Post-Departure Ramblings

What is your favorite memory of the trip?

One of the most powerful moments was the Men Standing Against Trafficking Vigil. The first reason it stood out was because of those gathered. The men who came together on Friday nights were ordinary members of the community who wanted to raise awareness. During the week, we met representatives of both governmental organizations and NGOs. I appreciated the ‘grassroots’ feel of this activity because it reinforced the idea that anyone with passion can make a difference.

What shook me the most, however, were the conversations that we had during the vigil. We stood on the corner of a track (an area or street known for prostitution activity). As we walked down the street to set up, members of the organization suggested that we stay away from a particular corner, since that was where the pimps ‘hung out’. We arrived at an intersection and held various posters that proclaimed “Real Men Don’t Buy Girls” or “End Human Trafficking.” A handful of us were approached by men from the neighborhood.

The first time this happened, I was terrified. Two men walked towards the corner where I was standing with a friend and two members of the organization. One of them was particularly interested in the signs we were holding and stumbled over to us. His speech was slurred and his breath smelled heavily of liquor. He occasionally reached into his pocket which immediately put me on the defensive. I was on edge, trying my best to act cool but stay vigilant. As his conversation with my peer progressed, however, I felt more inclined to listen and to try to understand his perspective. He viewed sex trafficking as a business interaction, where women wanted to perform sex acts in order to buy nice things. In terms of pimps, he viewed them as inferior because anyone who had to “beat a bitch was a pussy.” This was interesting to me because, when presented positively in popular culture, pimps are seen as ultra-masculine in their ability to work and domesticate many women. For this man, however, the opposite was true. ‘Pimping’ was an act of cowardice and impotence.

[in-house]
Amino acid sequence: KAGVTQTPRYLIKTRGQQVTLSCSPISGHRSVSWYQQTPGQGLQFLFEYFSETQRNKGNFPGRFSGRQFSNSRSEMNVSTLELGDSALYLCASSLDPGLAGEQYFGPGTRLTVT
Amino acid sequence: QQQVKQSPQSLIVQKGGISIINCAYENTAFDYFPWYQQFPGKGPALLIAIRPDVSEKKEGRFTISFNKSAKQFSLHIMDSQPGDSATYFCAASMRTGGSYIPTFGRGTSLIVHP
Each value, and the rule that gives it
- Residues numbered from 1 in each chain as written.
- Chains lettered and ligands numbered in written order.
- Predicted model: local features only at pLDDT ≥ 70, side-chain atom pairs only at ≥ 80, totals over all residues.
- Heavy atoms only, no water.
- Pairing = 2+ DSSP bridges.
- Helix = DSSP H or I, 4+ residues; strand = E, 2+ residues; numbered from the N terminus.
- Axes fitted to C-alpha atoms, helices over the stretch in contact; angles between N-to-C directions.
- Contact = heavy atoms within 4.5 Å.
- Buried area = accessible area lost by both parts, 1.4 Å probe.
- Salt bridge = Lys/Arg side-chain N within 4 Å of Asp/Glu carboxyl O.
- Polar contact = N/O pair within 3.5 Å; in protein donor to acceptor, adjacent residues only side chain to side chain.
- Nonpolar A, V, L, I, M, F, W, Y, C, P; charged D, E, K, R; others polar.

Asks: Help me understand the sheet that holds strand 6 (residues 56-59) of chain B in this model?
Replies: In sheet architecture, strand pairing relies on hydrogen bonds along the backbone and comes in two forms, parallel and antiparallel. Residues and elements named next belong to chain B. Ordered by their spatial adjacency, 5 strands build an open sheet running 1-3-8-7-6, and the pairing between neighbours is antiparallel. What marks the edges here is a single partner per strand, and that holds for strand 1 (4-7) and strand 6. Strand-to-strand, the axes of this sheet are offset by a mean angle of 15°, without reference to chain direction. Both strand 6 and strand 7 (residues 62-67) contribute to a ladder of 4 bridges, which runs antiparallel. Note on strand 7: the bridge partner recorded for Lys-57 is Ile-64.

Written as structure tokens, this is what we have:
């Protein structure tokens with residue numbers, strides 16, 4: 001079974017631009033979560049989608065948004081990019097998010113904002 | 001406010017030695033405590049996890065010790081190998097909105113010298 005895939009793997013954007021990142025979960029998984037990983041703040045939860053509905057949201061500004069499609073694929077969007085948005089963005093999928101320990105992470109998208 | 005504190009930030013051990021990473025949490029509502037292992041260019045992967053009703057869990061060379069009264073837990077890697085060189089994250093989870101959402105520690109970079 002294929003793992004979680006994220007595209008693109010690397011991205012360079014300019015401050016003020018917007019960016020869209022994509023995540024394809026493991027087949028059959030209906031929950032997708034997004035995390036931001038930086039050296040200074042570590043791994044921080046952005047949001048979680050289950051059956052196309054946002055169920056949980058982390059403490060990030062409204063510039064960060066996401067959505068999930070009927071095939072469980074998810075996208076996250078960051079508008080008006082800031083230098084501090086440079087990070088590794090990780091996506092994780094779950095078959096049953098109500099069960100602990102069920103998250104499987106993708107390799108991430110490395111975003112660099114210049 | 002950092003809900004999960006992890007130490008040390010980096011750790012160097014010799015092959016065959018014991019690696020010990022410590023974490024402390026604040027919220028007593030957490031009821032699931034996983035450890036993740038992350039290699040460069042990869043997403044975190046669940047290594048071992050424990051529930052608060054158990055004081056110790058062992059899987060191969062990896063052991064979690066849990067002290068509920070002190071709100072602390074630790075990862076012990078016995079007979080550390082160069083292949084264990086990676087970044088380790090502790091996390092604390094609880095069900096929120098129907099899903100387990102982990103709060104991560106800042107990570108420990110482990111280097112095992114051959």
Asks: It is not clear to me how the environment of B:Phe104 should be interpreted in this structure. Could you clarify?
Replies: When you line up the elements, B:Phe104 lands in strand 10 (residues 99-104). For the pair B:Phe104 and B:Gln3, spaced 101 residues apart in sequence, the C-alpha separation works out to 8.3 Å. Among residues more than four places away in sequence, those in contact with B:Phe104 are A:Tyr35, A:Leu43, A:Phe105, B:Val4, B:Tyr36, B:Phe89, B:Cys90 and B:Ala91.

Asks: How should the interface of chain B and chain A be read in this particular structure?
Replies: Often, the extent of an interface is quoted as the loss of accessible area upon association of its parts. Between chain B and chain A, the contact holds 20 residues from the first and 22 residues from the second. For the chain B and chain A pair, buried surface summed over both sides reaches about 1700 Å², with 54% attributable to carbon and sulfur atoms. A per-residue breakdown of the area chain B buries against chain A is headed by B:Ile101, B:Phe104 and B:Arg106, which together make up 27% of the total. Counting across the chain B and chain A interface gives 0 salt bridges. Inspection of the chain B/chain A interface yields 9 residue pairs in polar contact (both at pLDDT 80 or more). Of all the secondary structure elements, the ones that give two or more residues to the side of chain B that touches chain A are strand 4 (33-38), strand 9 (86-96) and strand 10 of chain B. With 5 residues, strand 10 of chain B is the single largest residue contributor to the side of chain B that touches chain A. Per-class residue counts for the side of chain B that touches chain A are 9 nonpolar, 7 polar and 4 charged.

The second person we talked to seemed warm and engaging. I learned later that he was a pimp. Looking back on the interaction, however, I can see how I might have misjudged the situation. He approached me and a member of the organization, asking us basic questions such as, What is this vigil for? He asked us how long we were going to be around for and if we would be protesting the same trade. He left by telling us that we were “doing a good thing.” I read the entire interaction as pleasant but noticed that the man I was standing with was tense. His reading: “He was sizing us up, seeing if we are going to stay on his turf”.

The last conversation we had might have been one of the most meaningful. We started talking to a young man, possibly homeless, who disagreed with our methods. When discussing sex trafficking, we learned that he also viewed it not as a crime, but as a business: “They’re doing a good thing, making these guys happy.” When we got deeper into it, however, we learned about his perspective on volunteer work. He saw charities and churches as unstable and unreliable, never keeping their commitments. He saw volunteers as working to be seen rather than to make an enduring difference in neighborhoods marked by stubborn problems like unemployment, racism, the drug trade, and lack of affordable housing. He also saw our vigil as dehumanizing. He didn’t see compassionate faces. Instead, he saw strangers that had never been in the life, privileged outsiders judging others’ means of survival. And he wasn’t alone. Girls that drove by us, clearly in the life, honked and cussed at us. And why wouldn’t they? When we asked what we could do better, the young man urged us to be caring: “Ask, ‘hey, how are you? What can I do?’ Just talk to people”.

This experience was the most meaningful to me because it was real. It was dissonant and instructive and humbling. Throughout the week, we met with officials and representatives of organizations who shared our opinions. Our conversations were filled with intellectual jargon which didn’t fully convey the experiences of real people struggling to get by. Hearing opposing views, although sometimes jarring, was important to me. These were the kinds of conversations that steer us towards learning to work with people as they struggle rather than to impose our own ideas about how they should live their lives.

Catherine Farmer Written by:

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